So in solidarity with that sentiment — I knew I was out of luck the day the music autotuned — I want to make three points for Team Jann.

Uno. Back to that philosophical psychobabble about how the author gets to frame things the way he sees them in an autobiography: Anyone who has been the target of a half-century of malicious gossip, squibs and diatribes, as Wenner surely has — often by other egomaniacs and score-settlers with their own axes to grind — has the right to respond with his own spin on what went down. If you buy the book, and for my money it’s well worth the $44 Cdn, go into it knowing that half of what he says is meaningless. But he says it just to reach you, Julia. You walk into the room with your blue editing pencil in your hand. If you see somebody naked, say: Who is that? Jann?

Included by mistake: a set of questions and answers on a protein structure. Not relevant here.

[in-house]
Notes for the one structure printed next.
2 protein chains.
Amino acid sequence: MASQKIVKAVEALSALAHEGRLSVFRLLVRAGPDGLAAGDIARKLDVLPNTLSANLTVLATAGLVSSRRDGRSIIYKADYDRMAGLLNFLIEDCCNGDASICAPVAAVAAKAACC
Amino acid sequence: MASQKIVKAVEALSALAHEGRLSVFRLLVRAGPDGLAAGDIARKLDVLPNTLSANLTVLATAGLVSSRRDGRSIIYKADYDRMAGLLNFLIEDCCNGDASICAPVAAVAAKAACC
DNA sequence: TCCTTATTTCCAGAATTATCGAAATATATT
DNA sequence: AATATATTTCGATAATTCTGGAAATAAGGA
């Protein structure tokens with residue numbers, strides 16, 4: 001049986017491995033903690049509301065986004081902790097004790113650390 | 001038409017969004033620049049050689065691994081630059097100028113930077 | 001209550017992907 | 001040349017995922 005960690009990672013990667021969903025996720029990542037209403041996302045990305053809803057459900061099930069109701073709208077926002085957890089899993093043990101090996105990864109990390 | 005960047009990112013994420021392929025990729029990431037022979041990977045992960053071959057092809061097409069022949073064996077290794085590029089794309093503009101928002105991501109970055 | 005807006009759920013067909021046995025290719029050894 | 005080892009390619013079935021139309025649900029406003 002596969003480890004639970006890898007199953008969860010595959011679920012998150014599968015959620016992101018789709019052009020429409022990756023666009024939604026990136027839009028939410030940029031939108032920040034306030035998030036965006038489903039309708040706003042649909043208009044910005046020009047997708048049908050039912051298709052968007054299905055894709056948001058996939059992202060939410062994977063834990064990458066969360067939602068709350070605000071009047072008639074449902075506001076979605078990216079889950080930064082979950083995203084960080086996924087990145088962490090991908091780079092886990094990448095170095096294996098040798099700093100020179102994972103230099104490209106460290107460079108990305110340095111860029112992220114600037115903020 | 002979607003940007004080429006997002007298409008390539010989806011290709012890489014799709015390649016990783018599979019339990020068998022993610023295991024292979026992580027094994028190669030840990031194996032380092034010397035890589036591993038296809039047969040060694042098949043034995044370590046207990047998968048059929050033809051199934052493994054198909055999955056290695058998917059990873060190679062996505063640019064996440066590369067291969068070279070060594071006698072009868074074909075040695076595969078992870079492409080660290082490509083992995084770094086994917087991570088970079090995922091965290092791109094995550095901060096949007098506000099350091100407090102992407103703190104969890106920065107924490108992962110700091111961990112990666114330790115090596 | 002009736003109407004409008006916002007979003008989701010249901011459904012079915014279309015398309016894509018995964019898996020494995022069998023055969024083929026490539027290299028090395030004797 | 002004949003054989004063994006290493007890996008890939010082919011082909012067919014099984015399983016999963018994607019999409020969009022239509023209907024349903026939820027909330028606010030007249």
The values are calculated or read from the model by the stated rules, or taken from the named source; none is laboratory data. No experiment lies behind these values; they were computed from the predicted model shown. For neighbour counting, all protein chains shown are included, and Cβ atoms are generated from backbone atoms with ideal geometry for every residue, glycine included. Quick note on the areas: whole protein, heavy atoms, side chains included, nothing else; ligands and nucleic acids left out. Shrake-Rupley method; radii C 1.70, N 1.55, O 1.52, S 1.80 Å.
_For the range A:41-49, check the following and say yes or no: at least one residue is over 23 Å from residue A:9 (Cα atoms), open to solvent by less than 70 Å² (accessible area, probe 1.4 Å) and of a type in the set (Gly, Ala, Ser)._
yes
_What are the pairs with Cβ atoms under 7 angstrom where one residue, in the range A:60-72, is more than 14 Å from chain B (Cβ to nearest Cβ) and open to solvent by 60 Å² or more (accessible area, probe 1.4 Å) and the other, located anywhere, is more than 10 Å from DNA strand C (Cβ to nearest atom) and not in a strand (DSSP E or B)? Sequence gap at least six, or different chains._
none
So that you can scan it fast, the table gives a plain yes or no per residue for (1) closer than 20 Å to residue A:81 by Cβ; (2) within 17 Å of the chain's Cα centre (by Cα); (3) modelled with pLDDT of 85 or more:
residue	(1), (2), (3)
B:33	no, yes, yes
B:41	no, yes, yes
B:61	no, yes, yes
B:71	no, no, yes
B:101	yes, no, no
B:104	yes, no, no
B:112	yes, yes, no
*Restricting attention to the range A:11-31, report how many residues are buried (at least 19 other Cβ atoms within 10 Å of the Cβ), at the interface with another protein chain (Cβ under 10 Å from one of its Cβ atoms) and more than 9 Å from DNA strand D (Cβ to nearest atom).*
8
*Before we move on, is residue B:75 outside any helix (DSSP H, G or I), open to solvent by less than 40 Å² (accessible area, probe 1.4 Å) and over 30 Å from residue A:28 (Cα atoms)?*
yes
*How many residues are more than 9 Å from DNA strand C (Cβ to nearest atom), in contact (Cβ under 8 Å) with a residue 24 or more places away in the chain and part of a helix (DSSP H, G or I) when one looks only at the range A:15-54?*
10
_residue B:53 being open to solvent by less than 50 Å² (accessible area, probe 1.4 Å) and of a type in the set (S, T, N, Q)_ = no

Dos. Apart from the uneven but often spectacular music coverage, Rolling Stone under Wenner’s guidance published some of the best investigative journalism by some of the world’s greatest journalists over five decades. No mere bagatelle. As even the Columbia Journalism Review, the voice of the American journalism establishment, was raving by the early 1970s:

In a very real sense, it has spoken for — and to — an entire generation of young Americans. It has given an honest — and searching — account of the deepest social revolution of our times. … Rolling Stone spawned a unique brand of long (up to 20,000 words) profiles and essays, splashy graphics and hard-hitting investigative pieces cutting across the underbelly and nerve endings of modern American life.